A Constant Yom Kippur

Israel, 2008.

During this season of observance – today (9/25-26) in particular, on Yom Kippur – my Jewish friends are fasting and placing themselves in reverence before G-d to seek atonement for their personal sins, and to seek forgiveness as a whole for sins toward each other. A day of repentance.

Yom Kippur – The Day of Atonement.

 One day to corporately make it right.

For thousands of years it has been this way. Jews around the world coming together, corporately, to present themselves to G-d through the High Priest in hopes of their personal sins and sins toward one another during the past year being atoned for. Covered.

They shouldn’t be doing so alone, as Christians are forgiven by the same G-d.

Because there was this one day, in the middle of all those thousands of years ago, in the garden of Gathsemene, where a pressure that I could never know mounted on His heart, Jesus prayed a prayer that I have prayed in my own ignorance: “Lord, let this cup pass from me.” Not knowing that this cup is exactly what He planned for me to carry… knowing what I could handle. Thankfully, He continued, “Nevertheless…” (Matthew 26:39) and He gave himself over to atone for every one of my short comings, and every sin that he knows I will fall short of in the future.

And it was finished. No more covering. Washed away. Redeemed.

We (Christians) should be reverent to the fact that we are in a constant state of Yom Kippur, coming before our Holy G-d, and continually seeking atonement. Forgiveness.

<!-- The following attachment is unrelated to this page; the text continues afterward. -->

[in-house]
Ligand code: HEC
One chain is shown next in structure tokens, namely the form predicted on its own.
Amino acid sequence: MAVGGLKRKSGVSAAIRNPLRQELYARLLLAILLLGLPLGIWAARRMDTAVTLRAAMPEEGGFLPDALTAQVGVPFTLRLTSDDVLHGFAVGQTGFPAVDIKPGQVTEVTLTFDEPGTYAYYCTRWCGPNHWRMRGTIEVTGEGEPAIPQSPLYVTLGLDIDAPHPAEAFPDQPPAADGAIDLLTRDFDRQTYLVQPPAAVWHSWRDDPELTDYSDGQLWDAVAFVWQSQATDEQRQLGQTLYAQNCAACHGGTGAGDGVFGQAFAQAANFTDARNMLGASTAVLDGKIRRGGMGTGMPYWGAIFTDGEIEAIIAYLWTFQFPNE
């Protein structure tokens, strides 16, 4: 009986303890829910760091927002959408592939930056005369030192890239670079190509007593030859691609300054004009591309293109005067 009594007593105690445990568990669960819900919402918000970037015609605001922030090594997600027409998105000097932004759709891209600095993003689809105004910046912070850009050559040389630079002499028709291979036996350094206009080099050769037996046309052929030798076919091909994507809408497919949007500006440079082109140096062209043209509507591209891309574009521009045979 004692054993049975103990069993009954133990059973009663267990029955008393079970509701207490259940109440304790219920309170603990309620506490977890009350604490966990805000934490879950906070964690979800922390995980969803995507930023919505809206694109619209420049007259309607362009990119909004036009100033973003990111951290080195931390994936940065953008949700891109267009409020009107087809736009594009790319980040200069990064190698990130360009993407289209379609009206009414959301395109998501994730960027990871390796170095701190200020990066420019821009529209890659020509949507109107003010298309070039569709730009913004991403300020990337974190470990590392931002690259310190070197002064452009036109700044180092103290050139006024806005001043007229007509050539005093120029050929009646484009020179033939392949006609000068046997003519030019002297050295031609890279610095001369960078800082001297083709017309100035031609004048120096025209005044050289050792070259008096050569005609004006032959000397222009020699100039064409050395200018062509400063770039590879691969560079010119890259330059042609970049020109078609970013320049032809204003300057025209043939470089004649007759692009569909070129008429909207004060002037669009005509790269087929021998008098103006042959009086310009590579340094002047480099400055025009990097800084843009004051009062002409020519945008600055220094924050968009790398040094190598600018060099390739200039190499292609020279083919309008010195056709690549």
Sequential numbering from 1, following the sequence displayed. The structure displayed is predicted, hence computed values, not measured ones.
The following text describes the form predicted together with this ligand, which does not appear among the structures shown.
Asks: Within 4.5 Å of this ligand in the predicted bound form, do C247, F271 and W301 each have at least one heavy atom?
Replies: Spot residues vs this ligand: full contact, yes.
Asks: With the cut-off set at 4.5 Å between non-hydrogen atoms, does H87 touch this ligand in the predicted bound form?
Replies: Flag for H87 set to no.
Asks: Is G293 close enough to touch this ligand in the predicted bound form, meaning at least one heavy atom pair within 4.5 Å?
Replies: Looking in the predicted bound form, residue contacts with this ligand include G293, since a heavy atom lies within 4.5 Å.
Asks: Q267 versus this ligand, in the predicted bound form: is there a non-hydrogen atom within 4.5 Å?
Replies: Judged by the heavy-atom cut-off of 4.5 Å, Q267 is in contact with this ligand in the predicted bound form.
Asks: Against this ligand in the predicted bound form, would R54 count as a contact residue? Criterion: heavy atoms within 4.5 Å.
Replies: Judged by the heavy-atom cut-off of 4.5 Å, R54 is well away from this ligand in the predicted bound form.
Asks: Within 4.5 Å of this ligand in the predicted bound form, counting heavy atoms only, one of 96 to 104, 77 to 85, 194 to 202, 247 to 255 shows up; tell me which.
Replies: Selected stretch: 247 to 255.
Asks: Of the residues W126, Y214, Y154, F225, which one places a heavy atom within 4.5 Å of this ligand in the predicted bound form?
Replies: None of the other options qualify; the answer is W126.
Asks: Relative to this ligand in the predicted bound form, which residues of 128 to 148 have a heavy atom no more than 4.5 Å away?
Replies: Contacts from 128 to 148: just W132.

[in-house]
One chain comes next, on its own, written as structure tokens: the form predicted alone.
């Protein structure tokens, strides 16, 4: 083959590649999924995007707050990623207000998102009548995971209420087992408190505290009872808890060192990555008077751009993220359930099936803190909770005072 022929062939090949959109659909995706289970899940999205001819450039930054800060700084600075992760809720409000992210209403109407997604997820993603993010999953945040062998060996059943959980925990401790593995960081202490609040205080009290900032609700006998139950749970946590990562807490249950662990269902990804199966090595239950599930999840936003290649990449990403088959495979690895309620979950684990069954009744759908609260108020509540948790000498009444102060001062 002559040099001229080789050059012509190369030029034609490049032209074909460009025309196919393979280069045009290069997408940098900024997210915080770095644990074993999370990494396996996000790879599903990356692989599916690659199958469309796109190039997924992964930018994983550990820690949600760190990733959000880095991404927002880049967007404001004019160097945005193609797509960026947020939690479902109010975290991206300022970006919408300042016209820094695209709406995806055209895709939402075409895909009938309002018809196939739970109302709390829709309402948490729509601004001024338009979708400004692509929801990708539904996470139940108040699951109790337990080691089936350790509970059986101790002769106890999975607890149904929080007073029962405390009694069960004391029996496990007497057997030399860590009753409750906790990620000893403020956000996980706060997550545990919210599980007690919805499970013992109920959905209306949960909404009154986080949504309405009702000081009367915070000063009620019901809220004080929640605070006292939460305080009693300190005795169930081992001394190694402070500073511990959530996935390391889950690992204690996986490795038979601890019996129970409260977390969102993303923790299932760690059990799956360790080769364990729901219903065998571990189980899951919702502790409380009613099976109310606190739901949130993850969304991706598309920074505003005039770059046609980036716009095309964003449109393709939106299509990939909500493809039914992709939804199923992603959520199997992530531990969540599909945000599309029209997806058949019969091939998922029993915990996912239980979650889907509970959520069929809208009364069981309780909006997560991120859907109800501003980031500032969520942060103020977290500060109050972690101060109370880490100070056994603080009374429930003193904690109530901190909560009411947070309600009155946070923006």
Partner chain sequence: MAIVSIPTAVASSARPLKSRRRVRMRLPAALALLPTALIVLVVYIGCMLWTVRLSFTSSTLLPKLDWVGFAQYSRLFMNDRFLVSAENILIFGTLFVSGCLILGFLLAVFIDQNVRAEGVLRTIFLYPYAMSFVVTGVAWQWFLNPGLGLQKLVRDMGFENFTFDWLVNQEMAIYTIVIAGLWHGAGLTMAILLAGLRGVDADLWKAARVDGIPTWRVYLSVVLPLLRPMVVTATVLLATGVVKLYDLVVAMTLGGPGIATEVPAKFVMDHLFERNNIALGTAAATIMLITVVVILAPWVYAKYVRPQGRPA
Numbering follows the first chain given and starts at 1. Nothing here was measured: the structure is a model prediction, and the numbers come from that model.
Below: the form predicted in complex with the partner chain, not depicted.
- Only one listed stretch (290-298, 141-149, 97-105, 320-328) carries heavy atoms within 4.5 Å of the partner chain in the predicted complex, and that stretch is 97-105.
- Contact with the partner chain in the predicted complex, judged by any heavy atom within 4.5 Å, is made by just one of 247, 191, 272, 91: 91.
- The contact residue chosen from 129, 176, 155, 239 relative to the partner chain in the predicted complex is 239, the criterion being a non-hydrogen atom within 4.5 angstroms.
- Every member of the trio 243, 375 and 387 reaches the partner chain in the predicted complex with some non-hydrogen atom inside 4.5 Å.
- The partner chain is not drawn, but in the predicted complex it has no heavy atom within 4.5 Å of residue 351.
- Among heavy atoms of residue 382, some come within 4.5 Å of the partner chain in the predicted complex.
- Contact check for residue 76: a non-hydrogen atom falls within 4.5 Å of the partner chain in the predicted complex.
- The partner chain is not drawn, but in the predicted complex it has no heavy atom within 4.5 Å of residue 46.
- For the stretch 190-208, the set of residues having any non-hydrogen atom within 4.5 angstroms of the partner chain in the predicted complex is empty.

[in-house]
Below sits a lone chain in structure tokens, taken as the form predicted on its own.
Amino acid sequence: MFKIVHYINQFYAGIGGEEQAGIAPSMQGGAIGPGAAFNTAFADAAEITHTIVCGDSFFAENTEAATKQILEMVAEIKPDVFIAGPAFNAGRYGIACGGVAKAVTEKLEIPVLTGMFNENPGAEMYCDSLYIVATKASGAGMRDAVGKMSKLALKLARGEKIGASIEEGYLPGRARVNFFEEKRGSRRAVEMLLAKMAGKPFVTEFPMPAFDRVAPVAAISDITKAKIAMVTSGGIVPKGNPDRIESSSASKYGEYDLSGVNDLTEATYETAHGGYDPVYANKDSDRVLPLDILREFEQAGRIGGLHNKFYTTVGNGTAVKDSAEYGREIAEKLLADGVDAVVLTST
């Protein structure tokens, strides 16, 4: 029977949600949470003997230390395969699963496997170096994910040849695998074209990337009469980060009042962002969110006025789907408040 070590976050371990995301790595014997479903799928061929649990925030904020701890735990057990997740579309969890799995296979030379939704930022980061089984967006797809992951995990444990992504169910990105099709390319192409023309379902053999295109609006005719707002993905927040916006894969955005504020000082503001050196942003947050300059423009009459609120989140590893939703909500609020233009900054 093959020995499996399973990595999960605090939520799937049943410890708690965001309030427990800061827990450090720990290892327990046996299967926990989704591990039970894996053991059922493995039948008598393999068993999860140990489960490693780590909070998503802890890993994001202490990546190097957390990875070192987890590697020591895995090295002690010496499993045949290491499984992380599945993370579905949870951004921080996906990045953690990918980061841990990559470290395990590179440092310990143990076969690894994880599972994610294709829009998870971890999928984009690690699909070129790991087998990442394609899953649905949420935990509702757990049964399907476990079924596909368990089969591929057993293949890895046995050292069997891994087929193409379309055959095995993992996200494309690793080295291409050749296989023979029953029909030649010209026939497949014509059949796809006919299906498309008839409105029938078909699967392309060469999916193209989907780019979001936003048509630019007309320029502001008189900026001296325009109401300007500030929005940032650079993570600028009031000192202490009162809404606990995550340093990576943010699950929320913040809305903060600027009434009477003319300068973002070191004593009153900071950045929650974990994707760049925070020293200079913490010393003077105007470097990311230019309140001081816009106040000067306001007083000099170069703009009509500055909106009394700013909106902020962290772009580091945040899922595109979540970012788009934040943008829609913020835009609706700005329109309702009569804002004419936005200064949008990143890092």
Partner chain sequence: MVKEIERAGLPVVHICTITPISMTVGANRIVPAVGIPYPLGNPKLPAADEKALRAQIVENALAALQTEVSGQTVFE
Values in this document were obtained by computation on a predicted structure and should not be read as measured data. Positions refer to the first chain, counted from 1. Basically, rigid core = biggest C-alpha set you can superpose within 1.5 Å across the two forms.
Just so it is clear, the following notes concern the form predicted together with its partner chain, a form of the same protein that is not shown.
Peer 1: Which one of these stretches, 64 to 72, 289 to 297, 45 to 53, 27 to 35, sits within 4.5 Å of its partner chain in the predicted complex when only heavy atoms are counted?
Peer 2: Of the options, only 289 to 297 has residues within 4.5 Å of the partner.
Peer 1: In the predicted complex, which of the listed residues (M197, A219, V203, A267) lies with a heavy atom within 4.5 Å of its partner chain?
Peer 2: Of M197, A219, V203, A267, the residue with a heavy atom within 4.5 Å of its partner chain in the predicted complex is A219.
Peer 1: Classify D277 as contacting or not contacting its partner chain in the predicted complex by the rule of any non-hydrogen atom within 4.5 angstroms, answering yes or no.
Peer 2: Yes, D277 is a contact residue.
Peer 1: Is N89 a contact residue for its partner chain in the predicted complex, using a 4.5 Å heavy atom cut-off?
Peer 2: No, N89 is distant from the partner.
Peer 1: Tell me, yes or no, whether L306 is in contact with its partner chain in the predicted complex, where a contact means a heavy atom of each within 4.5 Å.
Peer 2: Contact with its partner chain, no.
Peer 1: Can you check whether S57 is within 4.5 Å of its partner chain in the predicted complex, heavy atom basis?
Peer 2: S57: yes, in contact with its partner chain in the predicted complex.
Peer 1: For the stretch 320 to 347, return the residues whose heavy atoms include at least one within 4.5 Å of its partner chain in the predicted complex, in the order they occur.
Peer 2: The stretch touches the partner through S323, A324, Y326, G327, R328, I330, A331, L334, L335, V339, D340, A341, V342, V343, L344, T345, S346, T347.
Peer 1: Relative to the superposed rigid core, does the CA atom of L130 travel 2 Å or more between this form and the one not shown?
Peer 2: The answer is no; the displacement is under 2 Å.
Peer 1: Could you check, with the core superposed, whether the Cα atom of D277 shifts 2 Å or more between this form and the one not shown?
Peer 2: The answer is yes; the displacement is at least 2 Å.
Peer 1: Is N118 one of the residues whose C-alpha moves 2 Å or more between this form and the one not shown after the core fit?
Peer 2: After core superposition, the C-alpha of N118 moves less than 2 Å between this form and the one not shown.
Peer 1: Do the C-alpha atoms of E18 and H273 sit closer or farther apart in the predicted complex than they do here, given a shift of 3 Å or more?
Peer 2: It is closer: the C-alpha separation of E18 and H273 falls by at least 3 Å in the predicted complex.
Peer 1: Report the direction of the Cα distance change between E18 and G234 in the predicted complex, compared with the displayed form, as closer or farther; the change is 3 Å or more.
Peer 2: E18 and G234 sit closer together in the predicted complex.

The point is reverence. Taking time to dwell.

So today, and always, we should join with our Jewish friends – united by our love for G-d and His word – and put away frivolous things in order to seek repentance between our brothers, turn our eyes toward our G-d in gratitude, thanking Him for washing it all away, and atoning for our mistakes.

Thoughts For The Night: Capacities of Unknown Love

“It’s your unlimited power to care and to love that can

make the biggest difference in the quality of your life.” – Anthony Robbins

There is this reoccurring comment that I always hear when women have babies – that they knew they would love their baby, but they never knew that they would love them like this.

        

I didn’t exactly “get it” until I moved to Haiti and realized that there is something to be said about this love that allows me to love children who are not my own. Not just love them, but feel a way that I didn’t know possible. I never knew that this capacity of love existed within my heart. I didn’t know that I was capable of it.

I find myself burdened deep in my spirit by the things that burden them.

The big things that changed their lives forever and the small things that seem to be changing their lives for a moment (because to them, it’s all that important).

I know what it feels like for someone to love me that way. By choice. And the impact that it had on my life will never be fully known.

Photo by GivenPhotography

And most, I am overwhelmed at the fact that this capacity never finds it’s limit.

Just when I think I’m loving a lot, a little Haitian kid comes crawling into my lap and all is right with the world again. I begin to causally pray and I hurt knowing the things that are hurting them.

This is the love that Christ called “unfailing.”

And it is THIS that I never want to forget.

I am 24 years old, I am not married, and I have no children. But I can confidently tell you that in this moment, as my heart is overwhelmed beyond expression, that I am currently experiencing motherhood.